Valentin Vodnik

Valentin Vodnik (3 February 1758 – 8 January 1819) was a Carniolan priest, journalist and poet of Slovene descent. He was active in the late Enlightenment period. He is well known for his contributions in writing materials that lifted the prestige of the Slovene language creating a standard meant to unify the people of Slovene Lands in a single intelligible tongue.[1]

Valentin Vodnik
Franz Kurz zum Thurn und Goldenstein - Valentin Vodnik (cropped).jpg
Born(1758-02-03)February 3, 1758
Zgornja Šiška, Habsburg monarchy
Died8 January 1819(1819-01-08) (aged 60)
Ljubljana, Austrian Empire
OccupationFriar, priest, teacher, journalist, editor
Literary movementAge of Enlightenment
Years active1779–1818

Life and workEdit

Vodnik's birthplace in Šiška, Ljubljana
Tombstone of Valentin Vodnik at Navje, Ljubljana

Vodnik was born in Zgornja Šiška, now a suburb of Ljubljana, Slovenia, then part of the Habsburg monarchy.[2] He was raised in a relatively well-to-do peasant-artisan family. He became a Franciscan and studied in Ljubljana, Novo Mesto and Gorizia, finishing his studies in 1782.

He worked as a priest in Ljubljana, in the Upper Carniolan village of Sora, in Bled, and in Ribnica. In 1793 he returned to Ljubljana and joined the intellectual circle of Sigmund Zois, in which several figures of the Slovenian Enlightenment gathered. Zois remained Vodnik's sponsor until his death. In 1797, Vodnik became a professor at the lyceum in Ljubljana.

Vodnik dedicated himself to writing poetry in Slovene, which he referred to as Carniolan.[3] His first poems were published in Marko Pohlin's collections of Slovene folk songs. Vodnik's poetry was relatively simple, with a generally patriotic and satirical character. One of his most famous poems, "Dramilo" (A Pick-me-up), is a poetic appeal to Slovenes to be proud of their land, language, and heritage. In 1806, he published his first collection of poetry, entitled Pesme za pokušino (Poems for Sampling). He was also the editor of the first Slovenian newspaper Lublanske novice, which was issued twice a week from 1797 to 1800.[4]

In addition to poetry and journalism, Vodnik also wrote grammars, textbooks, and even the first Slovene-language cookbook (Kuharske bukve, 1799) and a translation of a manual for midwives (Babištvo, "Midwifery"; 1818) by Johann Matoschek (Slovene: Jan Matoušek; 1790–1820).

In the 1810s, he became a fervent supporter of the French annexation of the Slovene Lands. In 1809, he wrote a poem, called Ilirija oživljena ("Illyria Reborn"), in which he praised Napoleon Bonaparte for having established the Illyrian Provinces. During the short-lived French administration, he was instrumental in convincing the authorities to promote the use of Slovene in education, culture, and administration. After the return of Austrian rule in 1813, most of these reforms in language policy were retained, but Vodnik himself was viewed with mistrust. He was retired and removed from public life. He died in Ljubljana less than a month before his 61st birthday. His gravestone is displayed in the Navje cemetery.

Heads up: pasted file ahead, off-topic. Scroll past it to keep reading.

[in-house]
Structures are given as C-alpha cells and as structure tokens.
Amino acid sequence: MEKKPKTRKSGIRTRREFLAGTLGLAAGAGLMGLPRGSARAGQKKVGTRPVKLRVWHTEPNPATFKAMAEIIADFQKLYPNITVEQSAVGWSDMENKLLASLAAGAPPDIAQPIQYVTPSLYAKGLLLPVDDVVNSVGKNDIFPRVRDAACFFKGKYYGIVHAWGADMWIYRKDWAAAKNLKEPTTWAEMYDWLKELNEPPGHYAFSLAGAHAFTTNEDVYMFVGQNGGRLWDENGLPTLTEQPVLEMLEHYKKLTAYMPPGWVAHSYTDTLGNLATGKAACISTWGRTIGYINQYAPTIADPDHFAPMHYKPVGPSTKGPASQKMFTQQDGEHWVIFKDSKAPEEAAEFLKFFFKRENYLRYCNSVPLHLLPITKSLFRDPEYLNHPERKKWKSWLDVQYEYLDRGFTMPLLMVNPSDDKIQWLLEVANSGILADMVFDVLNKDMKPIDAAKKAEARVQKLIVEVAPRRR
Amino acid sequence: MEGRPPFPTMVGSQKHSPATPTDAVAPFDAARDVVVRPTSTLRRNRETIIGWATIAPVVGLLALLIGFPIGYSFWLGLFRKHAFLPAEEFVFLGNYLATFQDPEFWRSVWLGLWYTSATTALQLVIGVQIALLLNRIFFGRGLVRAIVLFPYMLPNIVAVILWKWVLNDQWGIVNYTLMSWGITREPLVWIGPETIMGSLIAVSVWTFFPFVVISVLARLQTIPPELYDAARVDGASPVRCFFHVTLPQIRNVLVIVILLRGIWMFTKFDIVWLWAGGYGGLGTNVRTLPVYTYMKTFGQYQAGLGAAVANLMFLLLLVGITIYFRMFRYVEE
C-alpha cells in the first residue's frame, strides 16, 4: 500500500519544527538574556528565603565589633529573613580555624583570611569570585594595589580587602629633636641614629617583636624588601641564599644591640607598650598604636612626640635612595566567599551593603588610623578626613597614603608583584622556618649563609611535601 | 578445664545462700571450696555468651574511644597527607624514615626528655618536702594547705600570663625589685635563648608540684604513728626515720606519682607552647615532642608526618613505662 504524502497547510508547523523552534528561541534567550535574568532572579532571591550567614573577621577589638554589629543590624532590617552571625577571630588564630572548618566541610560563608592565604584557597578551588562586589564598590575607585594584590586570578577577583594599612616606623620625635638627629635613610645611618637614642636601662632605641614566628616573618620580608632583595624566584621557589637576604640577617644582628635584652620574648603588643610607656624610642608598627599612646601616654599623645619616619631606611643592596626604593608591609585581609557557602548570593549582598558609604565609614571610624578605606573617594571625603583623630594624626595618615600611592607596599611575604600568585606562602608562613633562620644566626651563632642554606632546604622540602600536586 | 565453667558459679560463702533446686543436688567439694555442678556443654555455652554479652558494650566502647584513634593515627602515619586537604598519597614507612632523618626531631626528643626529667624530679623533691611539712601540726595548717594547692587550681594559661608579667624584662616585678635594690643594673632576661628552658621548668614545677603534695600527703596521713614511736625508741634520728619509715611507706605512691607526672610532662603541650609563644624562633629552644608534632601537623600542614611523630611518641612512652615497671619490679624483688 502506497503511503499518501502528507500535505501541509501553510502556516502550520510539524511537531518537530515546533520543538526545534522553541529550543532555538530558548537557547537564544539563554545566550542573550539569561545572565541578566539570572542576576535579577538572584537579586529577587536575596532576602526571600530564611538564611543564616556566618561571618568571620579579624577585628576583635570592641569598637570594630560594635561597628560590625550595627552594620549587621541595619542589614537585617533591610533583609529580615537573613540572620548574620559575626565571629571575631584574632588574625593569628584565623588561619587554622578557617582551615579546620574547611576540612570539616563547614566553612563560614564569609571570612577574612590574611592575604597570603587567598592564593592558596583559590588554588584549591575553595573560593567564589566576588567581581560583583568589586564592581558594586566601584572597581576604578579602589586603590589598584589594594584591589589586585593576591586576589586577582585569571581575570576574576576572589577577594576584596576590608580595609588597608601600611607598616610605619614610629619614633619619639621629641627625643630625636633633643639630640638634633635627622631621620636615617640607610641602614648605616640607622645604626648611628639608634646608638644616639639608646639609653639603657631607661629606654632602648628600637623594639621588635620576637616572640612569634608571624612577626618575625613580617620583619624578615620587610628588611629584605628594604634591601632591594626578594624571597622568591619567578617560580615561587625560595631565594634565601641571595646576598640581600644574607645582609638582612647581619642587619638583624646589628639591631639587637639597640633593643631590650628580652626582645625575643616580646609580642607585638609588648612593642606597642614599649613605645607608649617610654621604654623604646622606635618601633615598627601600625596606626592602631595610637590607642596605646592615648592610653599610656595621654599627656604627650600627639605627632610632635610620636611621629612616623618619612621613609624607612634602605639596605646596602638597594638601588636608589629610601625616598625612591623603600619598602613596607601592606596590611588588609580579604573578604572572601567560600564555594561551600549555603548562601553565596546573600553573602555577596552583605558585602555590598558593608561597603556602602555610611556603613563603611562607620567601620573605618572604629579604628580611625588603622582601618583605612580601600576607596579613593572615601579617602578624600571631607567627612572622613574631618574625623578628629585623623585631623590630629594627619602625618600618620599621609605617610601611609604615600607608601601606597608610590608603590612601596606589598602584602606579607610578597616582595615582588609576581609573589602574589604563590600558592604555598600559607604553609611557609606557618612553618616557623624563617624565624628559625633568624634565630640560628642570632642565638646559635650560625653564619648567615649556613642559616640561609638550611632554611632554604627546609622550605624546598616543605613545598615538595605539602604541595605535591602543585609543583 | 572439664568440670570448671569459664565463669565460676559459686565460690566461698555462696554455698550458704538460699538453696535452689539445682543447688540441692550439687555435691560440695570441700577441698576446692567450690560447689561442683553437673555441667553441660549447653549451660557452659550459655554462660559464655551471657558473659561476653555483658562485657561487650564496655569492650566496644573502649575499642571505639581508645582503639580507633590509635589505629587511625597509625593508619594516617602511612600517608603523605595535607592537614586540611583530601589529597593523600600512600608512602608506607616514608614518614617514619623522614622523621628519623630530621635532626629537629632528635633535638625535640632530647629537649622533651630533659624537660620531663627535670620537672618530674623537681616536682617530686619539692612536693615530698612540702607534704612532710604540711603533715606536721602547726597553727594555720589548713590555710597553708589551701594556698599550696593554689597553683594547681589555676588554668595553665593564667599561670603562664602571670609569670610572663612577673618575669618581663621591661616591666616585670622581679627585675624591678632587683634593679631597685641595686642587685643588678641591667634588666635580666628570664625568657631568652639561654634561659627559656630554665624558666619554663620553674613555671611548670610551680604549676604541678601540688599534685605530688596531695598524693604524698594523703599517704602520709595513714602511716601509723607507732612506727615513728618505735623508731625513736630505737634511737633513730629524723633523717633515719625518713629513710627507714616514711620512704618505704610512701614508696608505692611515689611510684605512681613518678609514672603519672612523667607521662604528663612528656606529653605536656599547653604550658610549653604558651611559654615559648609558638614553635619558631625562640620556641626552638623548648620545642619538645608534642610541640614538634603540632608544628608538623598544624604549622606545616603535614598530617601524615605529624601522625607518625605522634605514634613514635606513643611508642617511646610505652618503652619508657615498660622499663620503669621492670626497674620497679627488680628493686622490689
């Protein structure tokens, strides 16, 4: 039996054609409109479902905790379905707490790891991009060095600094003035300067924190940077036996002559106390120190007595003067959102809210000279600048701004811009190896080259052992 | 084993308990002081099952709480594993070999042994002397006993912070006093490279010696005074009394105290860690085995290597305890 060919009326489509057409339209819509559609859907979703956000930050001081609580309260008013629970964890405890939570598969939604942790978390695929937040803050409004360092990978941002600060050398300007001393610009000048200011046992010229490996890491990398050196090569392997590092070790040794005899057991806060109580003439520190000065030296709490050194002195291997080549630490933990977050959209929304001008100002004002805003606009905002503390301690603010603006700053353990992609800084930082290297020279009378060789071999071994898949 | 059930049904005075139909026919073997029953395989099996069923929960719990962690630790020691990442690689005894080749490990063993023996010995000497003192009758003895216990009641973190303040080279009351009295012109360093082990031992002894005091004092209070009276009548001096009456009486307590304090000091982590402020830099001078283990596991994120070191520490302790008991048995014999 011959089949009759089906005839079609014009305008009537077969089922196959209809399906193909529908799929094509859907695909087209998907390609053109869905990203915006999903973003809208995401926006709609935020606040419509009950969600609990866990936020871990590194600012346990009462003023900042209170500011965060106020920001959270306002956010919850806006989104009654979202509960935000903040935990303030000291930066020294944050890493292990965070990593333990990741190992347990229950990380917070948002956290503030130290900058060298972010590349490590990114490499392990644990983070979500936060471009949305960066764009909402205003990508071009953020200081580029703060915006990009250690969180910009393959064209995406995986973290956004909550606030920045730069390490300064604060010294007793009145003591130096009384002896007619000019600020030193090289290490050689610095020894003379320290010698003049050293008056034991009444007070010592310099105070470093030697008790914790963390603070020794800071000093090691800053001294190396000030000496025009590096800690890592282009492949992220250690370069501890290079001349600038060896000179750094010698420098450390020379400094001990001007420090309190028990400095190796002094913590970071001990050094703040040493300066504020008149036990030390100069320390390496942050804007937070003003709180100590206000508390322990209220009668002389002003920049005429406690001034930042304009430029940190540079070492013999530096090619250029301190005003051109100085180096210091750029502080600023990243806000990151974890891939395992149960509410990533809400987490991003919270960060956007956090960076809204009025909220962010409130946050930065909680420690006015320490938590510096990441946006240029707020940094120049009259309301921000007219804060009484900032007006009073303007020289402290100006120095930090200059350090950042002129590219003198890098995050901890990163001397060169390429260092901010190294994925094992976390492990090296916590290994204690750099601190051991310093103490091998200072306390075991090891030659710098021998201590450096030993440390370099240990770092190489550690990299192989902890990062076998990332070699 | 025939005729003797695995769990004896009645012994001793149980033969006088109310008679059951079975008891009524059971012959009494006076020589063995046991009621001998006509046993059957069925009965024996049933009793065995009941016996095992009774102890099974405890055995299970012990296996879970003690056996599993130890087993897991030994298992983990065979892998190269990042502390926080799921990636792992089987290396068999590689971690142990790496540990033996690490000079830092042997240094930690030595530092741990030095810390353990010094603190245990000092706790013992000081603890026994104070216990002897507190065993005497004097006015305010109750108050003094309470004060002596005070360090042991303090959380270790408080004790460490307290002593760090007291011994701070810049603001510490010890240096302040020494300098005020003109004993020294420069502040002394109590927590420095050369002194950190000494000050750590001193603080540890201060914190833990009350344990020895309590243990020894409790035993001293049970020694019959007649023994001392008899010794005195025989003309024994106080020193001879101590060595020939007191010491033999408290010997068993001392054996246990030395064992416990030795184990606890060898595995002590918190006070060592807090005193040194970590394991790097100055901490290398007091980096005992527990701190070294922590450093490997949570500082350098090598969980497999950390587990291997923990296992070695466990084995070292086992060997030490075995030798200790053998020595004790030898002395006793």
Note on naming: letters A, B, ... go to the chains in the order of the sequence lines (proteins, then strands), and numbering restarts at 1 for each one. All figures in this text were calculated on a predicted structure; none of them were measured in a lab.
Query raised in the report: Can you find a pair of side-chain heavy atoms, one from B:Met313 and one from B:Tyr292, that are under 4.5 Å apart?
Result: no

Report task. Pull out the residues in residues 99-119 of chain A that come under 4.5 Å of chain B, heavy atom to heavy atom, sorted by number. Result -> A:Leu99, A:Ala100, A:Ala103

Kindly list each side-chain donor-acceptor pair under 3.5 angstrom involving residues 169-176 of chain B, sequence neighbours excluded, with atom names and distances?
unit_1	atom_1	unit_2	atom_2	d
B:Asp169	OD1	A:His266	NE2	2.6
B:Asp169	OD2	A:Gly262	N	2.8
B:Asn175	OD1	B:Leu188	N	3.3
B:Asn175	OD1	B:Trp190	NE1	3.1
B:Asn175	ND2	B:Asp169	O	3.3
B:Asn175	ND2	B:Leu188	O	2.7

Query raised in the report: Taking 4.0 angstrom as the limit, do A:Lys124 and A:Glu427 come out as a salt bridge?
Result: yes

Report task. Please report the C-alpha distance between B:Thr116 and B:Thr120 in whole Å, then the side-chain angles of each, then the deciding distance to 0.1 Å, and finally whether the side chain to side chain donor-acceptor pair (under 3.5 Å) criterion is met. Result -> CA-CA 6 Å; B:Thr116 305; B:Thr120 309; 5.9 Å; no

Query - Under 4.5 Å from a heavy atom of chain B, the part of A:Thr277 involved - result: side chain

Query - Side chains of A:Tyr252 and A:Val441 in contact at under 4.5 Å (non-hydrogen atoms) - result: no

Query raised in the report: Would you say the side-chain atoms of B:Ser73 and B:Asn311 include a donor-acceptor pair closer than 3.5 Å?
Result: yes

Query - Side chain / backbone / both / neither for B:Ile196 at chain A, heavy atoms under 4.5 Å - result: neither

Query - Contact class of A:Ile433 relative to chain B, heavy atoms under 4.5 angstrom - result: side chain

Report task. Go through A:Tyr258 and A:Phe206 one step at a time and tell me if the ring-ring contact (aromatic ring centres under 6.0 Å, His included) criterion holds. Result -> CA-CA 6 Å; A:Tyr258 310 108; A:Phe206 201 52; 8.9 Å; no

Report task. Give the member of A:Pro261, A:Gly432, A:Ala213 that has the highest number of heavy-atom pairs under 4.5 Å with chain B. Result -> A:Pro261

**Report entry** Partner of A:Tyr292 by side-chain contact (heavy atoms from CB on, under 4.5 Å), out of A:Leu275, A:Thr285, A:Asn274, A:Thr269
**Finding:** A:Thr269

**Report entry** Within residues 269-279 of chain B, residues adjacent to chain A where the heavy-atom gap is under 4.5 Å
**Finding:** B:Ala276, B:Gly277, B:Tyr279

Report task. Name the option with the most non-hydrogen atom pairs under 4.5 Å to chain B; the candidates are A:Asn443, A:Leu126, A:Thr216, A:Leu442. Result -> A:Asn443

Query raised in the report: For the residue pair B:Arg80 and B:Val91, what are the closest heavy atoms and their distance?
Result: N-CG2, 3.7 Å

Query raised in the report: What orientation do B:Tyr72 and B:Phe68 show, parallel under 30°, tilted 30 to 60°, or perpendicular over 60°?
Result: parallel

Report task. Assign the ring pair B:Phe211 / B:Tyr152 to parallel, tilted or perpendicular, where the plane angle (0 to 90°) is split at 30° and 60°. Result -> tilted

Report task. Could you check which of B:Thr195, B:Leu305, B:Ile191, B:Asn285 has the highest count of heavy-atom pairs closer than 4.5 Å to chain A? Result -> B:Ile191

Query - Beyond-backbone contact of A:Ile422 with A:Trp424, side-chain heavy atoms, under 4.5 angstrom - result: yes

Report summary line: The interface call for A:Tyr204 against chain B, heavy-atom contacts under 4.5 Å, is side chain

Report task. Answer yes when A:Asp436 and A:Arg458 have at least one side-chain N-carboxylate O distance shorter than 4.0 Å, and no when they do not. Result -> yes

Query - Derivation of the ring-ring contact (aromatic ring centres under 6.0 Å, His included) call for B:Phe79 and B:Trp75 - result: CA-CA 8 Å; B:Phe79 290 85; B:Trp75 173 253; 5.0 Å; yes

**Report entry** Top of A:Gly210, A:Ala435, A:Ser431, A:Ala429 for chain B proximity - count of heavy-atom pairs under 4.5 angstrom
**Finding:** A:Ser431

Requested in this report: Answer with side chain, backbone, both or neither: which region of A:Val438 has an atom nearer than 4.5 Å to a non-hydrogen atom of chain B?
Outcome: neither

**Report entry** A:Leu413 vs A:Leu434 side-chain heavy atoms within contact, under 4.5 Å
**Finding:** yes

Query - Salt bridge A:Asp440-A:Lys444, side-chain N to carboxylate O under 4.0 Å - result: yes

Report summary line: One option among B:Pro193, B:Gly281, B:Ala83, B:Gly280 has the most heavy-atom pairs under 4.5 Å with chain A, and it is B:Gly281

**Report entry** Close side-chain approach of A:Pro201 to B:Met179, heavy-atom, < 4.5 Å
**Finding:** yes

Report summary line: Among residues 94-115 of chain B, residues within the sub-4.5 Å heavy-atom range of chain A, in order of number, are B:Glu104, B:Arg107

Vodnik is generally regarded as the first real poet in Slovene, as well as the first journalist. In his writings, written in the old bohoričica orthography, he used his native Upper Carniolan dialect, into which he incorporated words and grammatical features from other Slovenian dialects to make it more widely understood; his approach included purifying the common lexicon substituting German expressions with more local expressions obtained across many Slovene regions.[1] Although he is rarely praised for being a deep or original poet, his poems convey honest sentiments, and his use of irony is noteworthy. As a member of Sigmund Zois' circle, he helped several younger talents, including France Prešeren, the most important Slovenian poet. After Vodnik's death, Prešeren wrote two elegies in his memory.

Valentin Vodnik was selected as the main motif for a recent commemorative coin series: the 250th anniversary of the birth of Valentin Vodnik, minted in January 2008. The obverse shows Valentin Vodnik's profile, the bottom portion of the coin is inscribed with the last verse of the poem "Moj spomenik," which in English says:

"No daughter no son, to come after me, enough memory done, my songs sing of me." The same verses are inscribed on the back side of the Vodnik Monument at Vodnik Square[5] and also on his tombstone. The monument was erected in 1889. The bronze statue and the simple pedestal were made by Alojz Gangl. Some elements related to the faithfulness to the Illyrian Provinces were added to the pedestal in 1929.[6]

See alsoEdit


  1. ^ a b Seruga, Kaja (7 July 2021). "The 18th-Century Cookbook That Helped Save the Slovene Language". Atlas Obscura. Retrieved 11 July 2021.{{cite web}}: CS1 maint: url-status (link)
  2. ^ Stanko Janež (1971). Živan Milisavac (ed.). Jugoslovenski književni leksikon [Yugoslav Literary Lexicon] (in Serbo-Croatian). Novi Sad (SAP Vojvodina, SR Serbia): Matica srpska. p. 572.
  3. ^ Marija Vrečar, Winden – Krainer – Slowenen? : Valentin Vodniks "Lublanske novice" (1797–1800) : Elemente der nationalen Ideologie im Umfeld der ersten Zeitung in slowenischer Sprache(Ljubljana-Klagenfurt-Wien: Hermagoras/Mohorjeva, 1999)
  4. ^ Valentin Vodnik biography (In Slovenian)
  5. ^ "Spomeniki zaslužnim možem" [Monuments to Deserving Men] (in Slovenian). Government Communication Office, Republic of Slovenia. Retrieved 25 July 2012.
  6. ^ Mesesnel, France (2009). "Gangl Alojz". In Vide Ogrin, Petra (ed.). Slovenski biografski leksikon (in Slovenian). ISBN 978-961-268-001-5.

Further readingEdit

  • Janko Kos, Valentin Vodnik (Ljubljana: Partizanska knjiga, 1990)

External linksEdit